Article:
In April 1981, publication of Time Out was suspended because of a strike over Elliott's decision to end the magazine's policy of the same pay for all staff (a period he has described as 'guerrilla warfare'). Many left to start a protest news sheet called Not Time Out. Not ... became a free, tabloid format newspaper printed by East End Offset. Issue 17 was subtitled 'City Limits minus 4' because by then the staff had raised funding to relaunch in a magazine format. Under the headline 'City Limits out on October 8', the front page splash (alongside a photo of Labour MP Tony Benn reading a copy of the free paper) stated:
The new magazine produced by more than forty of the sacked staff of Time Out will be on the street on October 8. ... The cover price for 84 pp will be 40p – 10p cheaper than the old Time Out.
The Greater London Council under left-wing leader Ken Livingstone funded the title. So it was ironic that the launch was made possible by legislation brought in by Margaret Thatcher’s Conservative government (from issue 18):
Our new company will comply with the Tory government's new Small Business Start-up Scheme. This offers massive tax advantages both to private and business investors.
City Limits expected to have a turnover of £1.25 million in its first year.

The cover date of the first issue was October 9-15. The publishing company was London Voice Ltd at 313 Upper Street, Islington, N1. The distributor was New Statesman, the left-wing weekly. It cost 40p for 92 pages. The editor was John Fordham. Not Time Out is referred to in a blue star on the front cover, which says 'Incorporating "NOT...".' The new magazine referred to Time Out as Another London Magazine. The launch issue's editorial states:

Six months, innumerable dismissals, several writs, threats, recriminations, sit-ins, lock-outs and undignified rumbles later, we have brought you City Limits – a paper that we think you'll agree was worth the fight.
Cartoonist Steve Bell's Maggie's Farm switched to City Limits with the first outing portraying Norman Tebbit ripping off an interviewer's head on Maggie's order: 'Get him Psycho!'

Art director Carol Warren employed David King as design consultant to establish an immediately recognisable cover style on a low budget. Christopher Wilson interviewed King for a 2003 issue of Eye and described his work so:

His graphic style – an easily recognisable mix of explosive sans serif typography, solid planes of vivid colour and emphatic rules – reworked for the New Left in Britain the graphic language of the Russian Constructivists.
King had built up a unique collection of Soviet imagery, which was acquired by the Tate museum in 2016. City Limits was run as a workers’ co-operative and folded in 1993.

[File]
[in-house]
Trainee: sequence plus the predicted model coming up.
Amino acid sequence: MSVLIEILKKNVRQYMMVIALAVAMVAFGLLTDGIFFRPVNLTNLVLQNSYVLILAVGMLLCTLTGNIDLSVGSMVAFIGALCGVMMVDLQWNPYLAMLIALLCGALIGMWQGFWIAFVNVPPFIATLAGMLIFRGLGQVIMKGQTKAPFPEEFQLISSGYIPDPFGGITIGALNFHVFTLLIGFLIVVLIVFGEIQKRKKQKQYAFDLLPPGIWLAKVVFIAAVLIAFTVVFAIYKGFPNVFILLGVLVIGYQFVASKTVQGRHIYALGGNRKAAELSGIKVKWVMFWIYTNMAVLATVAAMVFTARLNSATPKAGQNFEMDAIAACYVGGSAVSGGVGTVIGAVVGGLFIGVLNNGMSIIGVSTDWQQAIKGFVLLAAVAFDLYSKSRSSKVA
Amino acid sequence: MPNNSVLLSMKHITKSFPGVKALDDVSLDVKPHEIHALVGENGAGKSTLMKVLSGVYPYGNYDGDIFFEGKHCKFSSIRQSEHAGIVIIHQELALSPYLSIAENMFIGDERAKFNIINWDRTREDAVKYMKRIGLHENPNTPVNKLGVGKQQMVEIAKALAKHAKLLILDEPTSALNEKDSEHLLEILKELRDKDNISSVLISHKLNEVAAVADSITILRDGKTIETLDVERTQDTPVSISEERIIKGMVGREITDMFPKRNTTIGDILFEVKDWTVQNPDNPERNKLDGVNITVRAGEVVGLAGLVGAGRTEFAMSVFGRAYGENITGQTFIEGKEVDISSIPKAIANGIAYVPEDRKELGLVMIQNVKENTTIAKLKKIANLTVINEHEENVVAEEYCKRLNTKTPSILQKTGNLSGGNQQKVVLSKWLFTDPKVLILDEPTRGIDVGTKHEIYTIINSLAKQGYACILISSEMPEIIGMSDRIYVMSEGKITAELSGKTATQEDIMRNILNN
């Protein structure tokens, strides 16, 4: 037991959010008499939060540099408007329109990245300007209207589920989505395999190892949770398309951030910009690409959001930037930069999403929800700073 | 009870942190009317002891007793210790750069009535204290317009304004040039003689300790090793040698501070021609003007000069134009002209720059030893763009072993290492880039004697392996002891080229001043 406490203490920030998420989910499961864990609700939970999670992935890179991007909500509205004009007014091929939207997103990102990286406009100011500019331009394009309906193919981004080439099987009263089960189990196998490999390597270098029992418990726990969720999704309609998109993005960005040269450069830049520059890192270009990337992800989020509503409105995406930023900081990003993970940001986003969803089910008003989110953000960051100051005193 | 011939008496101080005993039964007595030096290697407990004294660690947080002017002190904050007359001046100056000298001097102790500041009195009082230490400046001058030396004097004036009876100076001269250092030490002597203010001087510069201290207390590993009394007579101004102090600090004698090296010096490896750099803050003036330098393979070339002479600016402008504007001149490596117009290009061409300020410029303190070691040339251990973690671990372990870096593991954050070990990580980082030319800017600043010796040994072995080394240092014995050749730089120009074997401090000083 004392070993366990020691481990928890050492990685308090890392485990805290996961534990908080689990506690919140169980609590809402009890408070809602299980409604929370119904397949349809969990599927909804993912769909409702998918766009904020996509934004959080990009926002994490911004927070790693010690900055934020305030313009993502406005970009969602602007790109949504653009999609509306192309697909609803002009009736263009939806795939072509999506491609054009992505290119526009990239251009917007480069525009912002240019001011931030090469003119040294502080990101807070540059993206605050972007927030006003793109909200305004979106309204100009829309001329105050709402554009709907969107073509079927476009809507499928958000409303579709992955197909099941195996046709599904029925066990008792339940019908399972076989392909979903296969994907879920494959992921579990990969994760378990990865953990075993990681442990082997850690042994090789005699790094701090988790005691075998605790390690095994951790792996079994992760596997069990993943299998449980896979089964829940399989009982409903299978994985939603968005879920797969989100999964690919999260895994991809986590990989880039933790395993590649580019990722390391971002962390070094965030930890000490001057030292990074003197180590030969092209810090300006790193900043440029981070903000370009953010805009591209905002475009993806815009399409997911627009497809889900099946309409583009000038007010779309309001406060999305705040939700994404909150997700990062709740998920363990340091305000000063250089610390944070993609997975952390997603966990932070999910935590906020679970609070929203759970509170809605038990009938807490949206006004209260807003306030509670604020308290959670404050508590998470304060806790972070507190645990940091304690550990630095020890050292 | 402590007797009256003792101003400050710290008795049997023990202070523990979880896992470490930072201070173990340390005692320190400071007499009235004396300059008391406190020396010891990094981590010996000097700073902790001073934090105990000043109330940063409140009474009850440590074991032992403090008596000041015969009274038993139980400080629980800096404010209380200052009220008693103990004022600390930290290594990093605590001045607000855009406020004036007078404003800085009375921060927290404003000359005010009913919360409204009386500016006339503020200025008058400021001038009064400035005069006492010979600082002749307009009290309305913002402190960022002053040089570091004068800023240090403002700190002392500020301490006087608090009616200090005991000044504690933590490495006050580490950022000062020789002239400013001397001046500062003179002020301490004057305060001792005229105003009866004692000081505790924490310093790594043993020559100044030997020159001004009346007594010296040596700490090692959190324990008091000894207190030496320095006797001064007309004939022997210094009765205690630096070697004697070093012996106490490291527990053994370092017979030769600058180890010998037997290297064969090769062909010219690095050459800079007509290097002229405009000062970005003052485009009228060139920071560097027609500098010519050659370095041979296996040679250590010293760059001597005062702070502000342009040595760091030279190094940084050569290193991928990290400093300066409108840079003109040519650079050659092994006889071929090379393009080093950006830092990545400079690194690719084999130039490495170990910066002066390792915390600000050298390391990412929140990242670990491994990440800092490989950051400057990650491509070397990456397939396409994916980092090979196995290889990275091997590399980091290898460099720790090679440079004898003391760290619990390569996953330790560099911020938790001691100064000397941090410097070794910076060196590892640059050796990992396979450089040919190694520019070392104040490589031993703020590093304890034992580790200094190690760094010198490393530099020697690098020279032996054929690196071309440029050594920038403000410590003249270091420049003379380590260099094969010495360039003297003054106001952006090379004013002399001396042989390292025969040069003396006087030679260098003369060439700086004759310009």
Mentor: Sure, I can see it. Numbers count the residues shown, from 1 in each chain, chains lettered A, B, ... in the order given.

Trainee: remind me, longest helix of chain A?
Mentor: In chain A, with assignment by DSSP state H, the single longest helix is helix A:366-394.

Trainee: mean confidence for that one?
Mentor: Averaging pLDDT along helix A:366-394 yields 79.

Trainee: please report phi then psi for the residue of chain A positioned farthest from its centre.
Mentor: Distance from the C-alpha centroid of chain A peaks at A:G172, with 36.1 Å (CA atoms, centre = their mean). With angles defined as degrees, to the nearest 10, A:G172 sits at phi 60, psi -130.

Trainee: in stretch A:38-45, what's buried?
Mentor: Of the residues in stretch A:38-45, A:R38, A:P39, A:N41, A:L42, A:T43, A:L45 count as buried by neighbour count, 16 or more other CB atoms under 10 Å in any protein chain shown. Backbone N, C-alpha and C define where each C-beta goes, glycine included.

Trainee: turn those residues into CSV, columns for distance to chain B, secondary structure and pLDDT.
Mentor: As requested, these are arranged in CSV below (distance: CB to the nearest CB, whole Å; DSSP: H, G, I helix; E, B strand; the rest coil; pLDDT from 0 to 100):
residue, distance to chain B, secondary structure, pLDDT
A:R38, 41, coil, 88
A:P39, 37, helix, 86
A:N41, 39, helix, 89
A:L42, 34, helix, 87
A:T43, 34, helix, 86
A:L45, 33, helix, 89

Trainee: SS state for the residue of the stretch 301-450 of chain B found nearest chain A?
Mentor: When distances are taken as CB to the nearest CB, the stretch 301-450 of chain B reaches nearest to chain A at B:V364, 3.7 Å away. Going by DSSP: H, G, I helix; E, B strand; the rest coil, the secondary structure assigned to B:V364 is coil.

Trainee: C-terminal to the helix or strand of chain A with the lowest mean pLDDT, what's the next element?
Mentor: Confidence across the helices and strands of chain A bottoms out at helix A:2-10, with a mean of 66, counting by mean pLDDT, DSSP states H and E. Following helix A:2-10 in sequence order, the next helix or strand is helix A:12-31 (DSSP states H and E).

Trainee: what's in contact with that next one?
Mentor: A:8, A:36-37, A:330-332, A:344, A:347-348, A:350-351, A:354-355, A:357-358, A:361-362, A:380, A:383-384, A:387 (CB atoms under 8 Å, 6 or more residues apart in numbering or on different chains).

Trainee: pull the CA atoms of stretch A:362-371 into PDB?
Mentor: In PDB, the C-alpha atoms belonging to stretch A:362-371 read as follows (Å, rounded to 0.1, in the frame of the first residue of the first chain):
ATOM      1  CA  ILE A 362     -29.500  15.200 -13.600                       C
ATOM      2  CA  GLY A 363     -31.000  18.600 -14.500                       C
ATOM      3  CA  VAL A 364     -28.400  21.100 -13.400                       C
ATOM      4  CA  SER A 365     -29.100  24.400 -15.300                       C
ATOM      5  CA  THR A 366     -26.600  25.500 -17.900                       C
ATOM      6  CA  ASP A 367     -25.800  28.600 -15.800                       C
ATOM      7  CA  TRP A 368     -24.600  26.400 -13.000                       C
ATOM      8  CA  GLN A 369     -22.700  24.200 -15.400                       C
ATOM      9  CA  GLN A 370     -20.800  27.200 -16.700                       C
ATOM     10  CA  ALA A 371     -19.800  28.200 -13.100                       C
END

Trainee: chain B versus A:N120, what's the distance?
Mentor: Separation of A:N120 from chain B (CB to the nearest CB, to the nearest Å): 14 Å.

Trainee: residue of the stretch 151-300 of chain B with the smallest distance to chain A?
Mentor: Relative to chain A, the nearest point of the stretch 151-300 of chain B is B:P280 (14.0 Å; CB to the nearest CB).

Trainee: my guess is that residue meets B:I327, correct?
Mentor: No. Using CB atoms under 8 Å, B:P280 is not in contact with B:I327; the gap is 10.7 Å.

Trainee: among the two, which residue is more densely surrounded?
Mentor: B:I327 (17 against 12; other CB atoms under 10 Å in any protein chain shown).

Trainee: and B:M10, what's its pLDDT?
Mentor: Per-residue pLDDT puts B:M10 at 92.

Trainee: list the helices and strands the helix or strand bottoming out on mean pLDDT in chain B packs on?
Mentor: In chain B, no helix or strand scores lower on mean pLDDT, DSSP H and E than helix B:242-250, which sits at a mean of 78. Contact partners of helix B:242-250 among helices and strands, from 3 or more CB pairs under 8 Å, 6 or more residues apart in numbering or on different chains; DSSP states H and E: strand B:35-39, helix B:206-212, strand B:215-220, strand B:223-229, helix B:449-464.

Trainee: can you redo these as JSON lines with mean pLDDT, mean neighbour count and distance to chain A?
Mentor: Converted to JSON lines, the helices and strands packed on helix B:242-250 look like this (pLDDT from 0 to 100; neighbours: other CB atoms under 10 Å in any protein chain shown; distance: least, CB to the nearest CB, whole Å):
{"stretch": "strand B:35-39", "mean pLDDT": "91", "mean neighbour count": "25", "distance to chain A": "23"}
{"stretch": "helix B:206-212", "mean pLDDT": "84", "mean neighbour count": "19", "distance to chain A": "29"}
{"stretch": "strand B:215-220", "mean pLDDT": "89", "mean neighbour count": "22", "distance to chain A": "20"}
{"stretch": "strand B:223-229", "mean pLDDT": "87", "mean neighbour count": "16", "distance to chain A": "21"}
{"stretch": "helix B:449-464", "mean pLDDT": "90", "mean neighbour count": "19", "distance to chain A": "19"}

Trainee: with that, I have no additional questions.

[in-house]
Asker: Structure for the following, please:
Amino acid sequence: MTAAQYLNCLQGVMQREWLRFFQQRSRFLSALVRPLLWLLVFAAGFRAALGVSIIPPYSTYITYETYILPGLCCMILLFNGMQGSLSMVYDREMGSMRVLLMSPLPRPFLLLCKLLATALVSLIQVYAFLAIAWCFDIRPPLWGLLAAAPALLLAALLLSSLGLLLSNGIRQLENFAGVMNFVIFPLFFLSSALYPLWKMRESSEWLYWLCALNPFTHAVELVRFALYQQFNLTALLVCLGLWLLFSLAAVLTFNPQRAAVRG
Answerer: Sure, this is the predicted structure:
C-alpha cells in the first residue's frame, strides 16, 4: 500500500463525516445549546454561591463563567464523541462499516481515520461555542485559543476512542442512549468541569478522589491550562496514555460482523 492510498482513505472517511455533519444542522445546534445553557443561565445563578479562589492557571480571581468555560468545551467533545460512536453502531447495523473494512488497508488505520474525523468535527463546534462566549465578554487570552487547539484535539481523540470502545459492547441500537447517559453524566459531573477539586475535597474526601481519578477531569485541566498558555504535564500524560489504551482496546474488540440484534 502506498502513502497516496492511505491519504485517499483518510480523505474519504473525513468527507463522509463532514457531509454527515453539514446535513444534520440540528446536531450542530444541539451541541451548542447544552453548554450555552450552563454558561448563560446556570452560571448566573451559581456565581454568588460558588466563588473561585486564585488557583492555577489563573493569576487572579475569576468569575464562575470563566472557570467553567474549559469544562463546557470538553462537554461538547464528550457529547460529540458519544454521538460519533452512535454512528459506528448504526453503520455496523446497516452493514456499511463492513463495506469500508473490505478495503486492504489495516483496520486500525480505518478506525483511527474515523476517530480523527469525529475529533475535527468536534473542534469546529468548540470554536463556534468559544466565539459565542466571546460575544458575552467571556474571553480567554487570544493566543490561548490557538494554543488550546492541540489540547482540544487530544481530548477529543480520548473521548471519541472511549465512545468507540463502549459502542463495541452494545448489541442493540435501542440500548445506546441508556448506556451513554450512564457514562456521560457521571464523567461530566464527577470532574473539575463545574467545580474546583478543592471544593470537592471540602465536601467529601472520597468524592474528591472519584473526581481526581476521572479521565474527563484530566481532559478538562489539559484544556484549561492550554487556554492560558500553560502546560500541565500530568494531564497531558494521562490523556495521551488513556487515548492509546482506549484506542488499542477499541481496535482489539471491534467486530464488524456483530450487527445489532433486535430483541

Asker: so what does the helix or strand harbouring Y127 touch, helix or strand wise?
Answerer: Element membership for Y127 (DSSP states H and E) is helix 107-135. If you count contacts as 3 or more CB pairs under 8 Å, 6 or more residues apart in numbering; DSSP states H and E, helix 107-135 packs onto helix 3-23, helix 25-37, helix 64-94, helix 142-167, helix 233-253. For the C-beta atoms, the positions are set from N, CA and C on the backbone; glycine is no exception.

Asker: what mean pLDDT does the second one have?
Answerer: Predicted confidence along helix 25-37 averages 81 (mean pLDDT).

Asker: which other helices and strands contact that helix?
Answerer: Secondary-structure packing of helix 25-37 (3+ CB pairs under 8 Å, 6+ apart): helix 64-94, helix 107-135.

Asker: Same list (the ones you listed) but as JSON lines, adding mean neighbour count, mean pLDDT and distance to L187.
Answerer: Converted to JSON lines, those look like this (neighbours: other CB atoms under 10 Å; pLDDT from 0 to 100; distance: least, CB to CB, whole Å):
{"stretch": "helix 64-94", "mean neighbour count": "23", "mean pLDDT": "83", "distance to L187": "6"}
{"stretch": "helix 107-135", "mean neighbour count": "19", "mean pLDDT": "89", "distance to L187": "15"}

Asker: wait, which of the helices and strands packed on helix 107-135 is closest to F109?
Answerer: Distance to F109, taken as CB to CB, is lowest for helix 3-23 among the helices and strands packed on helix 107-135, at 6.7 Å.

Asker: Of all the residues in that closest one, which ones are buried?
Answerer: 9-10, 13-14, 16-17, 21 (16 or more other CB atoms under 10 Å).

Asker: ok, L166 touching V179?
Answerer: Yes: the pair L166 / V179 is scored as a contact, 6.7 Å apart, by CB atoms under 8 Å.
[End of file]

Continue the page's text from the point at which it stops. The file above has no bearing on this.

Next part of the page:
Branson takes on Elliott: Mel Brooks on the first issue of Event, 2 October 1981 Time Out monthly spin-off: 20/20 first cover, April 1989
Branson takes on Elliott: Mel Brooks and Springtime for Hitler on the first issue of Event, 2 October 1981 Monthly spin-off: 20/20 in April 1989. Note the Time Out branding, which was not used on Sell Out

Branson’s big Event

Back in 1972, Richard Branson’s business empire was founded with Virgin records to release Tubular Bells by Mike Oldfield. It became a massive hit after being used on the soundtrack of The Exorcist. In 1981, Branson tried to capitalise on the strife at Time Out by launching a competitor, Event. The editors were listed as Al Clark and Pearce Marchbank, who was also the design director. Branson was the publisher. Listings were free, and the magazine had a similar look to Time Out, little surprise given Marchbank’s experience working for Elliott. The first issue cover promoted a four-page interview with Mel Brooks about Springtime for Hitler. Inside was a flexidisc 45rpm single of music from the film.

Elliott goes monthly with 20/20

In 1989, Elliott launched 20/20, a monthly review magazine with the Time Out name used as branding on the cover. The editor was Don Atyeo. It closed a year later. Elliott had a bigger challenge on his hands, however; one that would affect all newspapers and magazines.

Taking on the BBC and ITV

Elliott had a legal run-in with ITV in the early 1980s over publishing details of programmes. This drove him to seek an end to the monopoly the BBC and the ITV companies had on publishing listings for their programmes in advance, through the Radio Times and TV Times. These were two of the best-selling and most profitable magazines in Britain. At the time, newspapers could only print schedules for the day of publication.